• English
    • English Pre-K
      • Unit 1: Early Literacy Skills
        • ABCs
          • Pre-writing Activities
          • Letter A
          • Letter B
          • Letter C
          • Letter D
          • Letter E
          • Letter F
          • Letter G
          • Letter H
          • Letter I
          • Letter J
          • Letter K
          • Letter L
          • Letter M
          • Letter N
          • Letter O
          • Letter P
          • Letter Q
          • Letter R
          • Letter S
          • Letter T
          • Letter U
          • Letter V
          • Letter W
          • Letter X
          • Letter Y
          • Letter Z
        • Phonological Awareness
          • Rhyming Words
          • Letter Sounds B, C, D, and F
          • Letter Sounds G, H, J, and K
          • Letter Sounds L, M, N, and P
          • Letter Sounds Q, R, S, and T
      • Unit 2: Vocabulary
        • Common Words
          • Sorting Words into Categories
          • Color Words
          • Verbs and Adjectives
        • Sight Words
          • Sight Words 'I' and 'Can'
          • Sight Words 'You' and 'Like'
      • Unit 3: Print Awareness
        • Parts of a Book
          • Working with a Book
          • Spaces Between Words
          • Text and Illustrations
        • Picture Books and Poems
          • Picture Book Text Features
          • Poem Text Features
        • Signs and Labels in the Community
      • Unit 4: Reading Literature
        • Questions About Stories
        • Discussing Stories
      • Unit 5: Reading Informational Texts
        • Retelling Details in a Text
        • Questions About a Text
        • Connections Between Events
        • Text Features
        • Describing Illustrations
  • Math
    • Math for Pre-Kindergarten
      • Unit 1: Logic and Geometry
        • Matching and Sorting
          • Same and Different
          • Which One Is a Little Different?
          • Objects That Go Together
          • Sorting by Color and Size
          • Sorting The Same Group in Different Ways
          • Patterns
        • Shapes
          • Shapes in Our Environment
          • Naming Shapes Regardless of Size
          • Making Shapes in Preschool
          • Comparing Shapes
          • Relative Positions
          • Sorting Shapes

Early Literacy Skills

As your child embarks on their pre-kindergarten journey, they are expected to reach certain milestones along the way. You might be excited for them to read and write as soon as possible, but your job now is to pave the way for them to be able to discover language and develop it at their own pace. Nevertheless, there are several ways in which you as a parent can aid in the development of later reading and writing skills through reinforcing early literacy skills. Essentially, early literacy skills act as building blocks for those later, more advanced skills. In this article, we will explore what early literacy skills are and what are some of the best ways to help your child achieve them.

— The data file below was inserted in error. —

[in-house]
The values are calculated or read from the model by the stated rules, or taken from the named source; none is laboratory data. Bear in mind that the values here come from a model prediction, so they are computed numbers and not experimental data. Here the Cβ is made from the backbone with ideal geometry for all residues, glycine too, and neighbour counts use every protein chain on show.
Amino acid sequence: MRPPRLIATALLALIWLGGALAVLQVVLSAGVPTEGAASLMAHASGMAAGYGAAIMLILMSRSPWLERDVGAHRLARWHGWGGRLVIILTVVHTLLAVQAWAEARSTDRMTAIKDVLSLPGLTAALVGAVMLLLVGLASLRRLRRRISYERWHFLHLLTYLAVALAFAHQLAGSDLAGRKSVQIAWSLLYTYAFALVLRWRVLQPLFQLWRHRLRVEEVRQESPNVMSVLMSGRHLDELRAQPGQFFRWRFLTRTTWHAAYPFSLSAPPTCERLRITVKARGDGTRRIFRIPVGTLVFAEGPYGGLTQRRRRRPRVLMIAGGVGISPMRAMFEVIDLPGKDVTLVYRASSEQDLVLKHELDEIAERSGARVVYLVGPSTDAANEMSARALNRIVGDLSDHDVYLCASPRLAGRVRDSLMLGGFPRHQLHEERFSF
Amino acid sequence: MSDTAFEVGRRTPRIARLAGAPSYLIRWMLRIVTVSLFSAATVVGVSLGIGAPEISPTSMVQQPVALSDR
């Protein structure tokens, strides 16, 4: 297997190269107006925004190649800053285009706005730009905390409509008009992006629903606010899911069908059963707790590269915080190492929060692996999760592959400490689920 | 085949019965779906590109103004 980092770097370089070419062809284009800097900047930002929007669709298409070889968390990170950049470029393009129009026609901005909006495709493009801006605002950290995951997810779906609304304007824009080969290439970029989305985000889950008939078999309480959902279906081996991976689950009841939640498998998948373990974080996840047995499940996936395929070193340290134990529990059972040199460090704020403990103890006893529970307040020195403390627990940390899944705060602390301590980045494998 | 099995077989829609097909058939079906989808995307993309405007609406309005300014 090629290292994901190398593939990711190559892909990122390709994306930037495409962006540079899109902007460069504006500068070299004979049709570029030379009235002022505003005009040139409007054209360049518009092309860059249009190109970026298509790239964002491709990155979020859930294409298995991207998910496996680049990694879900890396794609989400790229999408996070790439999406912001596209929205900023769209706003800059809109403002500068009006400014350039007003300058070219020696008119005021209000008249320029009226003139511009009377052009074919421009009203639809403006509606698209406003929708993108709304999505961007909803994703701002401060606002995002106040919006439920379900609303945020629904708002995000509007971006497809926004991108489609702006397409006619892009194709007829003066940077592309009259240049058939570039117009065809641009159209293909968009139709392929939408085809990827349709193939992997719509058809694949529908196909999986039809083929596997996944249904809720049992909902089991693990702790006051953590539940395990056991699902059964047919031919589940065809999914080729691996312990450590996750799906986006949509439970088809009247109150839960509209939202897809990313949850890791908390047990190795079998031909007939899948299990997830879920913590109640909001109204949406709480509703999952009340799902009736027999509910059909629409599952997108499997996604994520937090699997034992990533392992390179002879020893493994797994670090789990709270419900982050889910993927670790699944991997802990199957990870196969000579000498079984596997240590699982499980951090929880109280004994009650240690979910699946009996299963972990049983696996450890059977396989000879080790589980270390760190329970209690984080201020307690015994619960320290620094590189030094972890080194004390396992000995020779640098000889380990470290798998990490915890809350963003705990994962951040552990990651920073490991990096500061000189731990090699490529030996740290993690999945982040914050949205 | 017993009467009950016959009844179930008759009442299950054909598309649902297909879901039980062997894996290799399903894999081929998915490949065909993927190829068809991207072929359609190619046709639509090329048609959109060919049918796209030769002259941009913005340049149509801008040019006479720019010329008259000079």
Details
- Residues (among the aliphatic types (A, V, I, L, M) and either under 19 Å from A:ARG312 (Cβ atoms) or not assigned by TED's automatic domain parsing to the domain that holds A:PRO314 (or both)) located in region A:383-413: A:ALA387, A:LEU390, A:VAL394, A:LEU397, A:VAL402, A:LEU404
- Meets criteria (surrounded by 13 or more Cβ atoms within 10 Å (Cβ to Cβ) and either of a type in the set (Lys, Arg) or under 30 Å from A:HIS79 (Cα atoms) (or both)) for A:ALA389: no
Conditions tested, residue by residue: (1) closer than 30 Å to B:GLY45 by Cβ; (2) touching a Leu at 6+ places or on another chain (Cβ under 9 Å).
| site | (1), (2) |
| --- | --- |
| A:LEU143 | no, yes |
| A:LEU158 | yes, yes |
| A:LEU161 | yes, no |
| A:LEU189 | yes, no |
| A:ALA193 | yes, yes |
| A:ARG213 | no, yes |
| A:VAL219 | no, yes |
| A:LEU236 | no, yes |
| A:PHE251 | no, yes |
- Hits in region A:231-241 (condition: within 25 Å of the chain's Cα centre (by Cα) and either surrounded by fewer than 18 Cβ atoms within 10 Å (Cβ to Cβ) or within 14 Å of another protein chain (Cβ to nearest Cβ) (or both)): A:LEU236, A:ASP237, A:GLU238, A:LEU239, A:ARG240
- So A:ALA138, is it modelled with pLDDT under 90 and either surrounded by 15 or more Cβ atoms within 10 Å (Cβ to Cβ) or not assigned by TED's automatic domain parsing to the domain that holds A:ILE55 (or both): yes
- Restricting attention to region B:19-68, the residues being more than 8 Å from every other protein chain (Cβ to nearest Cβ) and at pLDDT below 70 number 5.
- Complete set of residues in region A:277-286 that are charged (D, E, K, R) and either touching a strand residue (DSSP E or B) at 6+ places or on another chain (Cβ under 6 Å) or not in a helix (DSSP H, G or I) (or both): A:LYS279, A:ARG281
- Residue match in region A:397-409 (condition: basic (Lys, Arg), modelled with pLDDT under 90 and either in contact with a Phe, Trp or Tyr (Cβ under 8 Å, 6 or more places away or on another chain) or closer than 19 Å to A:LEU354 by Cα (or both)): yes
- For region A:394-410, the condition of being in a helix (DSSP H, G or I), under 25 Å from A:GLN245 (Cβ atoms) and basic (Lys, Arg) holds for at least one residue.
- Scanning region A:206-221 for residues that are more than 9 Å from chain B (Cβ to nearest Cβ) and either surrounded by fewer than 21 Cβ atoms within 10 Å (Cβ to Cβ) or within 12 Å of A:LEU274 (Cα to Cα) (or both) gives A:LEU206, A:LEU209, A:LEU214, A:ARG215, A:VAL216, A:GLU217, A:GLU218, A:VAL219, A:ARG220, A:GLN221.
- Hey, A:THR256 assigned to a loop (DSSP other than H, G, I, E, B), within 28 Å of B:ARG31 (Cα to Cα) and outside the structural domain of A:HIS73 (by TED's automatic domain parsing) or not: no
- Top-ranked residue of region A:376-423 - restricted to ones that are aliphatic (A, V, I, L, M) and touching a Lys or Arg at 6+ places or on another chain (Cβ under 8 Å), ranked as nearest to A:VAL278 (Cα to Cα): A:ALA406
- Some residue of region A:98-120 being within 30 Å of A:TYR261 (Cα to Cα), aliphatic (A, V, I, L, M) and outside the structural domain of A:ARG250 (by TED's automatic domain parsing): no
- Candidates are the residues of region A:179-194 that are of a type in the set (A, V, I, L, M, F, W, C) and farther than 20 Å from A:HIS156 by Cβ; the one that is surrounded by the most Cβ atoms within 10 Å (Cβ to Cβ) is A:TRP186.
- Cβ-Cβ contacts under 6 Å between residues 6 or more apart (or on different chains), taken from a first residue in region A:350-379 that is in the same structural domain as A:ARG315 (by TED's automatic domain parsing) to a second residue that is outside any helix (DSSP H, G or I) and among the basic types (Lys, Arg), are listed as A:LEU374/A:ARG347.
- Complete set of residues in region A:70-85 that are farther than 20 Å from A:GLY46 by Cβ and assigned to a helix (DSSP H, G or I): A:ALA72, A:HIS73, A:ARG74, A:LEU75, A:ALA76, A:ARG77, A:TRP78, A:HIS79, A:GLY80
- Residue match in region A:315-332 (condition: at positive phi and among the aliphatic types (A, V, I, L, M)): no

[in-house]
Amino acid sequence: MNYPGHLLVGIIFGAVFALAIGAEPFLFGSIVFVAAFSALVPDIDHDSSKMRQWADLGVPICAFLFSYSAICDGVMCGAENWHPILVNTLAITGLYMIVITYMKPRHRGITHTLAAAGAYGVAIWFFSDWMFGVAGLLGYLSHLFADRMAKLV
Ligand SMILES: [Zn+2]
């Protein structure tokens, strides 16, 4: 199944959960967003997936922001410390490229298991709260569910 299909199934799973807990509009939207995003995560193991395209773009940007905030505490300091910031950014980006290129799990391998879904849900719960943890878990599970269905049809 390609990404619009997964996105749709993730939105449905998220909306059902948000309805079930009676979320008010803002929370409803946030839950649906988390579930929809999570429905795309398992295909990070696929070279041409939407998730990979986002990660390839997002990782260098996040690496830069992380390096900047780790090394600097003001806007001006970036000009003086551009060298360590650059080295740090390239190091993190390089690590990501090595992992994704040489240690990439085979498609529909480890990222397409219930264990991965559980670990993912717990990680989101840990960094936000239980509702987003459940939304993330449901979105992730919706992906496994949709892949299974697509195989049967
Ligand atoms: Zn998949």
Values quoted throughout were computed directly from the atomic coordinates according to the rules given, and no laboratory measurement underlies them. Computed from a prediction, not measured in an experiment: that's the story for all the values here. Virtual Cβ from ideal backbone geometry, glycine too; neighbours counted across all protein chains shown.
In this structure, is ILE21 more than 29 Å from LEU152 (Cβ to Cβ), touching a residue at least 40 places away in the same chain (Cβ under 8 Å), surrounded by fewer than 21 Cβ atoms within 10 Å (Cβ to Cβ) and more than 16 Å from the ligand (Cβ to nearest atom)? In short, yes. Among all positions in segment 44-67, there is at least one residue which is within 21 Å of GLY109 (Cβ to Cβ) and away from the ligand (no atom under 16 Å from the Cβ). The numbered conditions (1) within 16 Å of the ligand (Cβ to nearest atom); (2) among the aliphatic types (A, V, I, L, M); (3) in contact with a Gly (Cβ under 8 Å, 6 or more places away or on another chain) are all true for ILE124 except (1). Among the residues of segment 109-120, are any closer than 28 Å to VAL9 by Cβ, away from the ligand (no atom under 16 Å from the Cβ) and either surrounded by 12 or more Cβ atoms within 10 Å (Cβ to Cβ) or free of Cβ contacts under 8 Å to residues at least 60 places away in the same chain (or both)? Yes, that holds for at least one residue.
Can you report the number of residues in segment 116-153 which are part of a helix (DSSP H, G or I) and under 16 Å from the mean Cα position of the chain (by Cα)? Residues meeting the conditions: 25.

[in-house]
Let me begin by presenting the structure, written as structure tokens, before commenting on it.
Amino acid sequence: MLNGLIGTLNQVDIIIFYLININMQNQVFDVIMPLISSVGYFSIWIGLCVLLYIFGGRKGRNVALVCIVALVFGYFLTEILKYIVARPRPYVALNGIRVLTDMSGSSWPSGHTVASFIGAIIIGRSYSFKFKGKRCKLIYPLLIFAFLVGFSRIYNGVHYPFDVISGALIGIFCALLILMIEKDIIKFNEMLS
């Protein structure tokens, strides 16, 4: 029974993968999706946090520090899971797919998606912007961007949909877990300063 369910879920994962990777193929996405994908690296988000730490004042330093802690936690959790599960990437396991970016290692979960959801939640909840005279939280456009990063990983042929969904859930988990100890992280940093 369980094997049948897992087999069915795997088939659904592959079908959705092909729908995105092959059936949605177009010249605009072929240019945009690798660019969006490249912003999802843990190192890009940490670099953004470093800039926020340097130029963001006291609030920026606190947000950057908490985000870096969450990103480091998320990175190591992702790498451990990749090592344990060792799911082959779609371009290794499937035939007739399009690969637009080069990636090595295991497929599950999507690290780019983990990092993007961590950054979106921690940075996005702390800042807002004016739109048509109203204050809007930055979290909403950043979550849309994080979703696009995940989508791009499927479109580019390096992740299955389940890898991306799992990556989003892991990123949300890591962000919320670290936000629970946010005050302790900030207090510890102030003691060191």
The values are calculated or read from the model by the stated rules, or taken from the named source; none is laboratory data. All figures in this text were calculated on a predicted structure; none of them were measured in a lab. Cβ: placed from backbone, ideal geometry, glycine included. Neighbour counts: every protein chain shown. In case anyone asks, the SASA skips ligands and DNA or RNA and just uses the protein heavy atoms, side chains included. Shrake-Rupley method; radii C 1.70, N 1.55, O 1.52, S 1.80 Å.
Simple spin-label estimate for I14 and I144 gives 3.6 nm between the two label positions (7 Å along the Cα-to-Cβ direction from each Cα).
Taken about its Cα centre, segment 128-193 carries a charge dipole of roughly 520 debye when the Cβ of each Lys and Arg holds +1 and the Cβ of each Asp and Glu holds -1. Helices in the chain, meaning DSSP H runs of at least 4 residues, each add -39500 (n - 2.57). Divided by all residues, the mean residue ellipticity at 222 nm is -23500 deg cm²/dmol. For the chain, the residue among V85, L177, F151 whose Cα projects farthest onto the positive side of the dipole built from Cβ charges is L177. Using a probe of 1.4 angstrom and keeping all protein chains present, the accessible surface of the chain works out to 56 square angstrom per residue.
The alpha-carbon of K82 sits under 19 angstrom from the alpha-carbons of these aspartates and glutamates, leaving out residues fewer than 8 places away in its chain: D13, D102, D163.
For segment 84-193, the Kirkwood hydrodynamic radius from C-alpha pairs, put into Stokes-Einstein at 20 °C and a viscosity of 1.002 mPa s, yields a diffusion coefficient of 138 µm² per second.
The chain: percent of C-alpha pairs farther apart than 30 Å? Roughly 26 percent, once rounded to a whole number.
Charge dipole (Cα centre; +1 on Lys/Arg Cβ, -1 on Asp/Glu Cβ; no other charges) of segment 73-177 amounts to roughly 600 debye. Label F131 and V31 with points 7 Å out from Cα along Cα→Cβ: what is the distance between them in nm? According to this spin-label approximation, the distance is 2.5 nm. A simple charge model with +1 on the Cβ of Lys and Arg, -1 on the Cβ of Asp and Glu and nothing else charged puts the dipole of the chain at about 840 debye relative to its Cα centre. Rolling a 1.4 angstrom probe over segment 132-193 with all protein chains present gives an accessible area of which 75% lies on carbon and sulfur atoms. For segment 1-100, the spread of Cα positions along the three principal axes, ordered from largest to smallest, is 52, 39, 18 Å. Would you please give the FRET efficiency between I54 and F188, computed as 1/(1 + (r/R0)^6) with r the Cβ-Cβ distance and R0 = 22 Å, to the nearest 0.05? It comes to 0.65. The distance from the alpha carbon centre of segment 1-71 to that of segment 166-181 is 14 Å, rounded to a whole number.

Early Literacy is learning about language through letters, their shapes, and sounds. Before a child can read a word, they have to be acquainted with what sound each letter represents and vice versa.  In order to relate letters to sounds, it is beneficial that the child already has the required auditory and visual discrimination skills. For example, the shape of the letters ‘b’ and ‘d’ could be easily confused or thought to be the same letter to a child with no visual awareness. As for the similarity between the two sounds /b/ and /p/, it requires that the child have auditory discrimination skills to be able to differentiate between them. At this stage, phonological awareness also starts developing, that is ‘the ability to recognize and work with sounds in spoken language’. At pre-k level, phonological awareness includes the ability to recognize:

  • Syllables; com-put-er, Eng-lish
  • Rhymes; hook/book, cat/bat
  • Starting and ending sounds in words; kit/crab, brain/grown
  • Sounds within words; box

Alongside the listening and speaking aspect of early literacy, the child also practices some pre-writing skills, such as the ability to scribble shapes that resemble letters. But how can you make this happen without pressuring the child to read and write?

Tips and Tricks

  1. The first and most important thing you can do with your child to promote early literacy is reading to them. The beauty of reading to your child is that it knows no age. According to Green Child magazine, reading to your child while they’re still in the womb can have a positive effect on their early literacy skills.
  2. Regularly engaging in meaningful conversation is a great way to help your child practice their communication skills, especially their listening and speaking skills, which are fundamental for phonological awareness.
  3. Practice phonological awareness: sing nursery rhymes together, clap to divide syllables, or check out phonological awareness lessons on Kids Academy.
  4. Play around with lines and curves. You can simply hand your child a chalk and let them scribble, or you can make use of these Kids Academy worksheets on lines and curves 

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To read other articles on the pre-k English Language Arts curriculum, check out this catalogue.